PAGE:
Let me start off by saying I'm not a sports writer. Gross. Unlike those guys, I played competitive sports growing up and even went to college on an athletic scholarship. Okay, it was for track & field, but still. I also want to clarify that I haven't exactly followed your career under a microscope. I work for a team based in the National League, so the closest I've come to critiquing your game is through MLB the Show on PS3. All that being said...I think you're making a mistake by sitting out the 2011 season.
For some reason, the speculative tweet I read this morning about your current dilemma struck a chord. Following the speculation (which unfortunately about 80% of sports writing is (zing!)), it was written that either the free-agent offers you received this winter were not at the level you deemed acceptable OR that you don't have the energy for more rehabs and do not want to fight during spring training for a shot in a major league rotation. I don't want to believe, nor to I find acceptable, either of those reasons for taking a year off from your job. Tell me its for personal reasons, health reasons, that you don't have a love for the game anymore, or retire. There are many things that an individual can offer the world, and without a doubt your life extends well beyond pitching and baseball. But sitting out because you didn't find the offers to your liking? Sitting out because you don't want to be your best and compete to prove yourself? Unacceptable.
Now, before I continue to run my mouth like some smug jackass (too late?), I should let you know just a slice about me. I'm a mild-mannered video editor for a regional metropolitan sports network. So yes, I sit on my ass all day in front of a computer. I'm 29 and have been doing this for about 6 years. Its what I've always wanted to do. Getting to watch baseball, edit promos, short music videos, and be told that I'm pretty good at it...well, that's just fantastic. And like all people who get what they want, or are in the process of getting further with what they're good at, it was a lot of damn hard work. I took 2 years off after I graduated from college, so I started 2 years behind, and was reminded of it everyday. I lied my way into my first editing job and had to teach myself how to edit over that weekend. Long hours. Terrible content. Heartbreak (that's for another letter). Weight gain (sitting+tv+beer...we don't need a mathematician to crack that code). Six years later and I'm exactly where I want to be and can't wait to get to the next level and see what happens then. Huzzah. (One paragraph doesn't even begin to scratch the surface, but I'll save that for my unauthorized autobiography in 30 years).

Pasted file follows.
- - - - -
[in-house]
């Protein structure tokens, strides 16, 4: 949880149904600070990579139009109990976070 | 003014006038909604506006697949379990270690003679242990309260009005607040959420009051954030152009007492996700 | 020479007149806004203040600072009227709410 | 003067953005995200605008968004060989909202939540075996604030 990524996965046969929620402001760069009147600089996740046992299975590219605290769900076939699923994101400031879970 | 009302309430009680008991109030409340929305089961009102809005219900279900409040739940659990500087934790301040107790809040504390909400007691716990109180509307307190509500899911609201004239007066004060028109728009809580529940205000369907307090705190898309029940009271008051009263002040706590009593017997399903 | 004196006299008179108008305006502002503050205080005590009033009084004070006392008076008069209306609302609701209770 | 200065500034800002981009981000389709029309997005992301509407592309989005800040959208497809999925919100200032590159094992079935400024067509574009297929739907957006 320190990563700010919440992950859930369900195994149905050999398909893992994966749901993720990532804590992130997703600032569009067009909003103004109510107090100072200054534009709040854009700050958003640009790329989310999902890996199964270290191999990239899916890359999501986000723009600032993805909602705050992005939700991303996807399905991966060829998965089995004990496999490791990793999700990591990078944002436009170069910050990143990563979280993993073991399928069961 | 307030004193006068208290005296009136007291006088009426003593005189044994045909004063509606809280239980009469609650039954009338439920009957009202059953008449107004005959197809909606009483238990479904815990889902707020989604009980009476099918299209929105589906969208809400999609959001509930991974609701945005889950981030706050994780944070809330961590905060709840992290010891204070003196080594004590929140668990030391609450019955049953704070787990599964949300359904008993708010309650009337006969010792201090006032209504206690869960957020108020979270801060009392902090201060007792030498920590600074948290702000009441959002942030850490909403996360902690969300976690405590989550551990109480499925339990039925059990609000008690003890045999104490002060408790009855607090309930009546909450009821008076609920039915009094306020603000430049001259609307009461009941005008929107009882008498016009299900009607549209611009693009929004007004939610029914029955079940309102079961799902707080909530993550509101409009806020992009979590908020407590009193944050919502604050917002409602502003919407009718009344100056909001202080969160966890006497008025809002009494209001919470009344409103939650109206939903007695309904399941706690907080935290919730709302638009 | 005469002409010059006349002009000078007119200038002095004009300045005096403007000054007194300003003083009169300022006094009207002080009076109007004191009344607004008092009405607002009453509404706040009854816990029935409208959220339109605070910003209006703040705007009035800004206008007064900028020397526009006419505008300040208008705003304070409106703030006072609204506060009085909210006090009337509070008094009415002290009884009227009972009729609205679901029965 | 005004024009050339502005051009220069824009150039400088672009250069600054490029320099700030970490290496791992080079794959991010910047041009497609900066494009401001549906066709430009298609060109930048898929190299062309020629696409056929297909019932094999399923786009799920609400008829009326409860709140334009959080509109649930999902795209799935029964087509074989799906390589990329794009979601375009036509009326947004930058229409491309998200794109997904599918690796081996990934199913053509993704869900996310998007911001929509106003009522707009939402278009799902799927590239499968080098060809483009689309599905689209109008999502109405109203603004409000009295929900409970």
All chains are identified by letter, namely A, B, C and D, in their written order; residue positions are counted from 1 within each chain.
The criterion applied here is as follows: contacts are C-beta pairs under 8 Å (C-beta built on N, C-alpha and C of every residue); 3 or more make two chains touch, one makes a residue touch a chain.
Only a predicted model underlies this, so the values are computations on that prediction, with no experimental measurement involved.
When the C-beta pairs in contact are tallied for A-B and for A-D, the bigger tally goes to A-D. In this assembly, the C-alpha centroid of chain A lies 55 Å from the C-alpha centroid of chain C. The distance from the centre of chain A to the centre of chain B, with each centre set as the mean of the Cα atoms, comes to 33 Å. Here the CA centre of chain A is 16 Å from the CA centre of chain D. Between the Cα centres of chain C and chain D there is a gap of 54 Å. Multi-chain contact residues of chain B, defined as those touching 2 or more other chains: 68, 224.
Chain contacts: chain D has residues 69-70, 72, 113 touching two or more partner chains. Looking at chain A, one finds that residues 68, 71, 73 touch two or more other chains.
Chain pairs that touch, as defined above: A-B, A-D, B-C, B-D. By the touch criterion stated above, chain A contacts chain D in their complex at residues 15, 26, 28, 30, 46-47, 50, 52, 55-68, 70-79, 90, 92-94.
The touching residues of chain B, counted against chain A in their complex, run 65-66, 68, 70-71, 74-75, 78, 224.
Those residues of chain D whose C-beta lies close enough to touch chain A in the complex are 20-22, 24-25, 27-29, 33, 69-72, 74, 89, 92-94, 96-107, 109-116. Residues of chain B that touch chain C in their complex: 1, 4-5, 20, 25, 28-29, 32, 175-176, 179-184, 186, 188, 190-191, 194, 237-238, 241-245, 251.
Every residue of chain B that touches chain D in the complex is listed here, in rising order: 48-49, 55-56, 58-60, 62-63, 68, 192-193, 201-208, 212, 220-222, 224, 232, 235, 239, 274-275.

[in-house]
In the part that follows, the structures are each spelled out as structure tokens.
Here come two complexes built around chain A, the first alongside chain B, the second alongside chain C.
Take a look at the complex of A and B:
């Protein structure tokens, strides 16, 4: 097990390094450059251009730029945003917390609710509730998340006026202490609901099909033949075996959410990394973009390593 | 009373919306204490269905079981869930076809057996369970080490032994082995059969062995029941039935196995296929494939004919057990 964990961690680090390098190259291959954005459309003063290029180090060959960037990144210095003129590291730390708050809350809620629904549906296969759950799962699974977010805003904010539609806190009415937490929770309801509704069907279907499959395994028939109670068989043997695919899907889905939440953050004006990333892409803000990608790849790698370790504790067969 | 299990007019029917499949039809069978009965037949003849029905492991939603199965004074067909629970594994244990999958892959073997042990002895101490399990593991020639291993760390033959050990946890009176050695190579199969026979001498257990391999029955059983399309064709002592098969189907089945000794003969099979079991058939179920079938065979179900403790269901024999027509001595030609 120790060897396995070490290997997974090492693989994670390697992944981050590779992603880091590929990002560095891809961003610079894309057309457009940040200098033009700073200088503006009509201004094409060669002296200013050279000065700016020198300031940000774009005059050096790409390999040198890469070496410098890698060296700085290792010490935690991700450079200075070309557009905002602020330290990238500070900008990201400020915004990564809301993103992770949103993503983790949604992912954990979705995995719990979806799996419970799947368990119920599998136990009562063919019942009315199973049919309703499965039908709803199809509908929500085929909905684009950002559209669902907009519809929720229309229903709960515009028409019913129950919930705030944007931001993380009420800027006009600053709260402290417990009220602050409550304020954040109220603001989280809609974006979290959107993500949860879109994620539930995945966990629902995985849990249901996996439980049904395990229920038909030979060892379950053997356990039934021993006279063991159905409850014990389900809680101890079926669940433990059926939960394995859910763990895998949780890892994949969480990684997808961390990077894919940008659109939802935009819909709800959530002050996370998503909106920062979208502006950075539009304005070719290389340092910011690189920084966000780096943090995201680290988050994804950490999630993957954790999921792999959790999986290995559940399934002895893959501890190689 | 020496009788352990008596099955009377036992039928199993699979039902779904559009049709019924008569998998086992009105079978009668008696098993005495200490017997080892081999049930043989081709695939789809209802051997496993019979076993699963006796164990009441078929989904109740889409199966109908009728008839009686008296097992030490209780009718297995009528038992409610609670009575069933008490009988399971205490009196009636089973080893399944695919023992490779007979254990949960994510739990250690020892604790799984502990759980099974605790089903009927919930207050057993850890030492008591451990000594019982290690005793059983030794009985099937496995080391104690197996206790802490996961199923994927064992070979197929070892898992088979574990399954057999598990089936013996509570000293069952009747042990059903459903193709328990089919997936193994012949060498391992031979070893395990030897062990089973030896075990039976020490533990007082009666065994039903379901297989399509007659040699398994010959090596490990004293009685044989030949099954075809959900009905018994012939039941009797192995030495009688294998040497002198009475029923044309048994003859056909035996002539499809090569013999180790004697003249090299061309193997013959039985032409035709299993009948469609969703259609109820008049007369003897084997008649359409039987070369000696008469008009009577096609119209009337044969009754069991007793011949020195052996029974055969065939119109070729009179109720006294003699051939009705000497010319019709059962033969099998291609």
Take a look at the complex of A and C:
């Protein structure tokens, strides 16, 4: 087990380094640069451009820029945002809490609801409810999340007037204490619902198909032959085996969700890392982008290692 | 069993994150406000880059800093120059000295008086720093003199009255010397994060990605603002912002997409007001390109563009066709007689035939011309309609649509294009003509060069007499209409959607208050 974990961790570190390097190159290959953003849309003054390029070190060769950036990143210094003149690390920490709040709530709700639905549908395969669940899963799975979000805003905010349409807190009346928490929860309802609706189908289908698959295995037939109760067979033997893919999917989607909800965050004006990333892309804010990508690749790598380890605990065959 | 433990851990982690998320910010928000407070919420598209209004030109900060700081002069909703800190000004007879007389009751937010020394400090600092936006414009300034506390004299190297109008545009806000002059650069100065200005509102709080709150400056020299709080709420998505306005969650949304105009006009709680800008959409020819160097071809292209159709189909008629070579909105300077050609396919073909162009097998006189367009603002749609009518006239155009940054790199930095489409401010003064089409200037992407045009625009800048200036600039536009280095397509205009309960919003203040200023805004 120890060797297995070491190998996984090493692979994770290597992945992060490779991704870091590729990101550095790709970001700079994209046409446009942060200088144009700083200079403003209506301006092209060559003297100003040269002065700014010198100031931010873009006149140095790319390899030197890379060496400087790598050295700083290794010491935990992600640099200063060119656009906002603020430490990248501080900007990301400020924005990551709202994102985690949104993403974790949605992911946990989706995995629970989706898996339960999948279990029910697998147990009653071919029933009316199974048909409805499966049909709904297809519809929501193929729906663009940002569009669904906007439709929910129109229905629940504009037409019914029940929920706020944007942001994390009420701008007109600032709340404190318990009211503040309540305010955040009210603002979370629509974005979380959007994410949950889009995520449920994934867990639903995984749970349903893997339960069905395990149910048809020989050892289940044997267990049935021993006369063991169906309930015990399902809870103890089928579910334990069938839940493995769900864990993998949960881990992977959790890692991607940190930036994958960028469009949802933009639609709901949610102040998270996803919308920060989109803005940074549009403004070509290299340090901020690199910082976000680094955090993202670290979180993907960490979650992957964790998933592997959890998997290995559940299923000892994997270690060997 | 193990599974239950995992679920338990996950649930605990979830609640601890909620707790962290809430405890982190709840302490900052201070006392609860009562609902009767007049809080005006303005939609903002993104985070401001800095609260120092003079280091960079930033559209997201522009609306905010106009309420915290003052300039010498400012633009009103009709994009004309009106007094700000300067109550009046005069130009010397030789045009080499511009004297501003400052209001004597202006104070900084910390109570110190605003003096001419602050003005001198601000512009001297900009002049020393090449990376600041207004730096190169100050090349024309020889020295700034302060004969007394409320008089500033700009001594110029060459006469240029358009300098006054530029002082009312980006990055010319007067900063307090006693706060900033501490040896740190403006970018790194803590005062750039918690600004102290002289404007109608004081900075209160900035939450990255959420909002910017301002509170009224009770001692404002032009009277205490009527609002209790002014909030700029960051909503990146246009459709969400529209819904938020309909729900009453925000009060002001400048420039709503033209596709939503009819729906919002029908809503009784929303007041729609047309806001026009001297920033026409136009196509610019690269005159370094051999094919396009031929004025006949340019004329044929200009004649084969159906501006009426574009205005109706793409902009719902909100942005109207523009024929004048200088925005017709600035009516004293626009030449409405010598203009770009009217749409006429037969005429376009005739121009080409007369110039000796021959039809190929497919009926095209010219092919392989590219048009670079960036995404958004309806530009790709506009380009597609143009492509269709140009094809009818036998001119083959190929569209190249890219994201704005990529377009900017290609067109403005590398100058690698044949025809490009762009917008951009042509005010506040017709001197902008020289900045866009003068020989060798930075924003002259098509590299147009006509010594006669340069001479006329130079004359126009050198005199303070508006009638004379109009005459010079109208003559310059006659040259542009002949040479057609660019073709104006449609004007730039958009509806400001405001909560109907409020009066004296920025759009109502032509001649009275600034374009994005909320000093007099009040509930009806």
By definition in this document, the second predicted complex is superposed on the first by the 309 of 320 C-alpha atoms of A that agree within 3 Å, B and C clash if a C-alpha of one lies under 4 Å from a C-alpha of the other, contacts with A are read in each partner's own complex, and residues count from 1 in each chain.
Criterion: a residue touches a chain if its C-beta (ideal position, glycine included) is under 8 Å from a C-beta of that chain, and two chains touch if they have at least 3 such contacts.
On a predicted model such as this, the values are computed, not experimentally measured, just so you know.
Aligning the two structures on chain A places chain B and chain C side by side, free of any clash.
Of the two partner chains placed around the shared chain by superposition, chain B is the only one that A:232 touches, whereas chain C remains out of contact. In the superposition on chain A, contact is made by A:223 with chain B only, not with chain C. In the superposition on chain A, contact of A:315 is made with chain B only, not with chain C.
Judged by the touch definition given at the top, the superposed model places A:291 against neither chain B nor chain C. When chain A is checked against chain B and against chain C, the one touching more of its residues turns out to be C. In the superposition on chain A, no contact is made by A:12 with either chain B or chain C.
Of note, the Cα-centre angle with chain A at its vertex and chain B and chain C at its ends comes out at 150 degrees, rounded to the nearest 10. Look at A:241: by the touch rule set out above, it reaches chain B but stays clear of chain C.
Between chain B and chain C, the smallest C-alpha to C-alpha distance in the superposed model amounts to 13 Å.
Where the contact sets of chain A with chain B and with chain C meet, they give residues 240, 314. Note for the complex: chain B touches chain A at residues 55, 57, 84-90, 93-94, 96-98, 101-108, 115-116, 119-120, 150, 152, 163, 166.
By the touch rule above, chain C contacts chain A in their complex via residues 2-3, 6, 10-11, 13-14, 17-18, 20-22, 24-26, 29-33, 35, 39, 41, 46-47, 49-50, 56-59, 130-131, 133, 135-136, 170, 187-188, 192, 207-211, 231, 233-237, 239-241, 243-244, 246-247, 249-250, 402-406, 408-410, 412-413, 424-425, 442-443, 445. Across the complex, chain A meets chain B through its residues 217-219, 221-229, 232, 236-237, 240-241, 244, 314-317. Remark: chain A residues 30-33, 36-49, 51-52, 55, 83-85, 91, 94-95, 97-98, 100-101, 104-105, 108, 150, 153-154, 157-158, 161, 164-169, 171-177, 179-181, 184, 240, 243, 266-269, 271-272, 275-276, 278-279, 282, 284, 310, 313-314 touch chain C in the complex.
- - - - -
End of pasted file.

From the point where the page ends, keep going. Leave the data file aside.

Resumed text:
I can't even imagine what it's like to be a baseball player. My brother was an All-American shortstop in college and I've never been more envious watching somebody else succeed. I threw a baseball against a radar gun once. 68mph. Straight fastball. Naturally, you have a gift. You're a professional athlete. And shoulder problems are no joke. 2010 was a year to forget, if you want to look at it that way. For me, every year is a year to forget, in the sense that the next year is going to be the year to crush it even more. I look back at my accomplishments from 2010 and kind of shudder. 2011 is the year for me right now. Right now I want to make 2010 look like a pile of puke. On top of 2009's pile. And such and such.
You were drafted after junior year of high school. You were the youngest opening day starter since Dwight Gooden. You made $12.5M last year. You're 28 freakin' years old. If the marathon has you bested, if the shoulder won't let you pitch anymore, then yes, hang 'em up. It sucks, and I can't even begin to image walking away from the game you love. But if it's because you weren't satisfied with the offers you were receiving? Because you can't find it in your heart to compete anymore? Well sir, that's a recipe for playing for the Cleveland Indians (it's 2011...I have nothing against the Indians. If this was last year, I'd say Diamondbacks. No hard feelings).
So Mr. Bonderman, and I call you Mr. even though I am technically your elder, I implore you to give 2011 a shot. Not for me. For baseball. The only way so many of us can get close to this game only results in being tackled or tased by portly security guards during the late innings of a reverse world series. Play the game because you can. Take a minor league deal with incentives (incentives which pee on my yearly salary). Compete. Crush it. Prove somebody wrong. Prove more people right. Do it because you can. Do it because you want to.
Now, I'm going to go play a round of MLB the Show to unwind. And I think I know who I'm going to pitch with tonight.